Signed-off-by: Theodore Ts'o's avatarTheodore Ts'o <tytso@mit.edu>
      94426f4b
    • Lukas Czerner's avatar
      ext4: allocate entire range in zero range · 0f2af21a
      Lukas Czerner authored
      Currently there is a bug in zero range code which causes zero range
      calls to only allocate block aligned portion of the range, while
      ignoring the rest in some cases.
      
      In some cases, namely if the end of the range is past i_size, we do
      attempt to preallocate the last nonaligned block. However this might
      cause kernel to BUG() in some carefully designed zero range requests
      on setups where page size > block size.
      
      Fix this problem by first preallocating the entire range, including
      the nonaligned edges and converting the written extents to unwritten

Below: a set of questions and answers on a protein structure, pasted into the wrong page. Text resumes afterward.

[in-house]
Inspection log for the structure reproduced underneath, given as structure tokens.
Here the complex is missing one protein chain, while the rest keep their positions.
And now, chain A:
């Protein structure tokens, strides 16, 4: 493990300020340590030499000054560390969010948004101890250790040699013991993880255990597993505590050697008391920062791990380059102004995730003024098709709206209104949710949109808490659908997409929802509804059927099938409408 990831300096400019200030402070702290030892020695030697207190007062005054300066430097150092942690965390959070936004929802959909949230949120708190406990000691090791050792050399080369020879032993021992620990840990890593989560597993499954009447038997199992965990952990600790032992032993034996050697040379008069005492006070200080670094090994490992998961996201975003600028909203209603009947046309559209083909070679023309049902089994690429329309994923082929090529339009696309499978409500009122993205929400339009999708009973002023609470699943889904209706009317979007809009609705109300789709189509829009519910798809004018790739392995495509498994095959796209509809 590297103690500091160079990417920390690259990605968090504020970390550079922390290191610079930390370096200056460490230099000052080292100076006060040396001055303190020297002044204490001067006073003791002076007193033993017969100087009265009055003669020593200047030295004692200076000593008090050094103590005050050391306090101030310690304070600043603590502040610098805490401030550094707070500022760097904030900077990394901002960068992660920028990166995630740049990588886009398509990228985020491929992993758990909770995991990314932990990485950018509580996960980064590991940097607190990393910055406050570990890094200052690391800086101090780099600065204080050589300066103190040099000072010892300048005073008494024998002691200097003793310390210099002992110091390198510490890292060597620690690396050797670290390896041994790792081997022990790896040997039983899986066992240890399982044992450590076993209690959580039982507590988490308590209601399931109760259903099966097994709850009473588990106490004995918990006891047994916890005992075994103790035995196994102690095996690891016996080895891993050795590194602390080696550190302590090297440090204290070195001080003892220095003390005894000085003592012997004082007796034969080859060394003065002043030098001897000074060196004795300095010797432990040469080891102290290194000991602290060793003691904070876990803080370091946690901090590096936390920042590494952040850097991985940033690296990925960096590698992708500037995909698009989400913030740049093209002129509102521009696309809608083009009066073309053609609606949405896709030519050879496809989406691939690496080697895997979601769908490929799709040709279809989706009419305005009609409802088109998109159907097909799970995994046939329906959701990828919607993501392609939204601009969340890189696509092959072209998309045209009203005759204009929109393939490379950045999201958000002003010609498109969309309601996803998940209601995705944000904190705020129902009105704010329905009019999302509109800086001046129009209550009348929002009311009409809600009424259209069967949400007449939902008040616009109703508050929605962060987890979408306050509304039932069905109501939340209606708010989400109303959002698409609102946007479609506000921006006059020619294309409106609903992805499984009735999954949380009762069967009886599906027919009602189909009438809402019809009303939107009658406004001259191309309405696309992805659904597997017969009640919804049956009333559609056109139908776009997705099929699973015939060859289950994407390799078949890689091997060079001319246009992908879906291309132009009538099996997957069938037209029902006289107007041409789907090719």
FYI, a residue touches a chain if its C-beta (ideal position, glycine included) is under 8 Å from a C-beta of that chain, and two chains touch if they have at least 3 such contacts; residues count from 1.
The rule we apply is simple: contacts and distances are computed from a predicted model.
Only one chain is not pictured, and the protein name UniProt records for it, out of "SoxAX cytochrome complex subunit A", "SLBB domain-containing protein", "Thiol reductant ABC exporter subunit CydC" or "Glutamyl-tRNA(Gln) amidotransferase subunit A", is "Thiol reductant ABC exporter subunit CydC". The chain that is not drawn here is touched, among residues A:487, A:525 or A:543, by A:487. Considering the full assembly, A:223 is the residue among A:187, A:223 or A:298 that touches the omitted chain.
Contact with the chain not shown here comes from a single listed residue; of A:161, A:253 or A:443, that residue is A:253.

in the next step. This approach will also give us the advantage of
      having the range to be as linearly contiguous as possible.
      Signed-off-by: default avatarLukas Czerner <lczerner@redhat.com>
      Signed-off-by: Theodore Ts'o's avatarTheodore Ts'o <tytso@mit.edu>
      0f2af21a
    • Maurizio Lombardi's avatar
      5a4f3145
    • Christoph Hellwig's avatar
      ext4: remove block_device_ejected · 08439fec
      Christoph Hellwig authored
      bdi->dev now never goes away, so this function became useless.
      Signed-off-by: default avatarChristoph Hellwig <hch@lst.de>
      Signed-off-by: Theodore Ts'o's avatarTheodore Ts'o <tytso@mit.edu>
      08439fec
    • Wei Yuan's avatar
      ext4: remove useless condition in if statement. · 5f80f62a
      Wei Yuan authored
      In this if statement, the previous condition is useless, the later one
      has covered it.
      Signed-off-by: default avatarWeiyuan <weiyuan.wei@huawei.com>